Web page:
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Tuesday, December 3 • 3:30pm - 5:30pm
BREAKOUT SESSION ONE: Social Impact Bonds

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Chair: Louise Humpage

Rebecca Grimwood: The challenges of financing social services through Social Impact Bonds: Lessons from New Zealand

Around the world, governments have become increasingly intrigued by the possibility of harnessing the private ‘impact investment’ market to finance the delivery of social services. Social Impact Bonds have received particular attention and have been implemented in over 20 countries. Enabling government to repay investors upon the achievement of agreed social and fiscal outcomes rather than service outputs, Social Impact Bonds are seen as a way to catalyse ‘innovation’ in the social services sector. But there are significant operational challenges that attend these efforts. This paper focuses on the fraught implementation of New Zealand’s Social Impact Bond pilot program to identify general lessons for practitioners.


Tom Baker: Investable poverty

The management of poverty is undergoing significant changes with the rise of social investment states. In this context, we examine how governmental concern about the long-term public cost of poverty is increasingly modulating the selection, sequencing and targeting of interventions that seek to manage poverty. Using examples drawn from the management of homelessness in Anglo-America, we outline a research agenda related to the objectification, economisation, and subjectification of ‘investable poverty’. These emergent developments at the intersection of social investment and poverty management invite social scientists and others to rethink where, when and how poverty management occurs.


Louise Humpage: Will payment-by-performance improve Māori outcomes? Whānau Ora commissioning agencies and social impact bonds

The National-led government experimented with payment-by-outcomes models in social services, assuming stronger financial incentives and private investment were necessary to improve social outcomes. This paper examines two such models: 1) the commissioning agencies that make funding decisions on behalf of the state as part of a broader Whānau Ora strategy and receive performance payments if certain outcome levels are achieved Māori families; and 2) the social impact bond trials that involve for-profit organisations funding mental health services for the unemployed and attempts to reduce youth reoffending, while non-government organisations deliver the services needed. Although not explicitly targeting Māori, the sites for and focus of these trials mean Māori are disproportionately targeted. Service providers receive performance payments and funders receive returns on investment if outcomes are significantly improved. Drawing on government documents and independent reviews, the paper qualitatively analyses the costs/benefits associated with these new ways of delivering social services, as well as practical issues of implementation. The Whānau Ora commissioning agencies demonstrate more potential to improve indigenous peoples, given they offer greater level of indigenous control over the funding process and given significant problems with the bond trials, but there is no evidence that payment-by-outcomes is effective in either case.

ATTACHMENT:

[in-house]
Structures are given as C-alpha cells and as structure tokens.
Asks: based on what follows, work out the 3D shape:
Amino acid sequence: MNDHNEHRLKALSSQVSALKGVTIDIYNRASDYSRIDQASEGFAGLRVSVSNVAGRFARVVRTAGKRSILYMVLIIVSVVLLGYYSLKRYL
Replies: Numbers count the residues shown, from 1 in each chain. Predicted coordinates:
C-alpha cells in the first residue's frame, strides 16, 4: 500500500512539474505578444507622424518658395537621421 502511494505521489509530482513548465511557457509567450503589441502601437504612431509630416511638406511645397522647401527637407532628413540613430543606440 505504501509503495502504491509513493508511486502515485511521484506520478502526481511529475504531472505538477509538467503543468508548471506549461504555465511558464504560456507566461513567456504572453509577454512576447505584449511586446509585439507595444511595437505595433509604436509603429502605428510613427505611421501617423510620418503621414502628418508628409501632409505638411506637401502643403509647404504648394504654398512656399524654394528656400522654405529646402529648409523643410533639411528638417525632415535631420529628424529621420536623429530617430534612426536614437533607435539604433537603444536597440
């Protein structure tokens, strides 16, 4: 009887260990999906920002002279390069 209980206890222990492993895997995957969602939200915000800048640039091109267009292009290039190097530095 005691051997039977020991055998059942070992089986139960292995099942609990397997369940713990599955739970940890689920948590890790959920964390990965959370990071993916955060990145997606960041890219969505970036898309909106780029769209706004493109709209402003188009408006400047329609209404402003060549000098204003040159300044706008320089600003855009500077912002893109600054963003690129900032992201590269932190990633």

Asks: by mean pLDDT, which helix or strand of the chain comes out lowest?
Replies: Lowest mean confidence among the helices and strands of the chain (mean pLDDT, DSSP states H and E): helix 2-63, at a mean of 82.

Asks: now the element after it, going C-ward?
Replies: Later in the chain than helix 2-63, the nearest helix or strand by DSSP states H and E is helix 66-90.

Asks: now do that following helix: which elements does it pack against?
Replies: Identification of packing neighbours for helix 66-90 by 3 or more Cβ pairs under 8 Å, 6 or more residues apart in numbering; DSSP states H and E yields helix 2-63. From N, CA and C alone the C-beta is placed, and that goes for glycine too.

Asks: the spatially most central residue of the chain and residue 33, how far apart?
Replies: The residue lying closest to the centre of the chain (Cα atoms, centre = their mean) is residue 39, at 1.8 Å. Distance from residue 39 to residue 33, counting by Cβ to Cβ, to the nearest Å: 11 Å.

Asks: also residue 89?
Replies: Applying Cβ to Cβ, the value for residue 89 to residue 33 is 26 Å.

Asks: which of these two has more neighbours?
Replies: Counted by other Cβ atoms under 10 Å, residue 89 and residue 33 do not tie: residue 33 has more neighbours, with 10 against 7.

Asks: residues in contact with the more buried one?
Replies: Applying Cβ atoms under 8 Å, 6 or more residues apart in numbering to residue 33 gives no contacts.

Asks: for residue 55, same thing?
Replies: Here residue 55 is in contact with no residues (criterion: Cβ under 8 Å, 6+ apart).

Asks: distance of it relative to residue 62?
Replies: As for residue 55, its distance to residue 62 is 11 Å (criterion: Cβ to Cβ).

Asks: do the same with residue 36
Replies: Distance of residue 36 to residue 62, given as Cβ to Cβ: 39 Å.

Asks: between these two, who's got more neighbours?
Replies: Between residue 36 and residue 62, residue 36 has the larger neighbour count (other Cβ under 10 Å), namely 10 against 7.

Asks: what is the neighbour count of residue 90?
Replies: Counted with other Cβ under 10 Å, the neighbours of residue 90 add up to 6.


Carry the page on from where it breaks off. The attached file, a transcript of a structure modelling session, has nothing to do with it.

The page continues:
Pekka Pennanen: Social Impact Bonds in Finland

One of the latest social innovations for the realization and funding of welfare services is Impact Investing and one of its form, Social Impact Bond (SIB). In the SIB-model, private or institutional investors invest in welfare services and take financial risk. SIB arrived in Finland as a process of several coincidences. The application of the new model as part of the welfare service provision in Finland is still fairly limited. However, the upcoming projects are larger in scale and budget than those implemented so far. My study reveals four objectives and four methods that the Social Impact Bond combines. The first objective is prevention of social problems. The second is improving the productivity and efficiency of social services. The third objective is better services, and the fourth is to reduce the budget deficit. These objectives can be achieved by applying the model-related methods. The first method is performance measurement and enhancing public sector effectiveness. The second method is increasing cooperation between different sectors. The third method is buying results, and the fourth is transferring the financial risk to private investors.


Each presentation will be allocated 20 minutes. Additional time for questions and discussion will be available in each stream.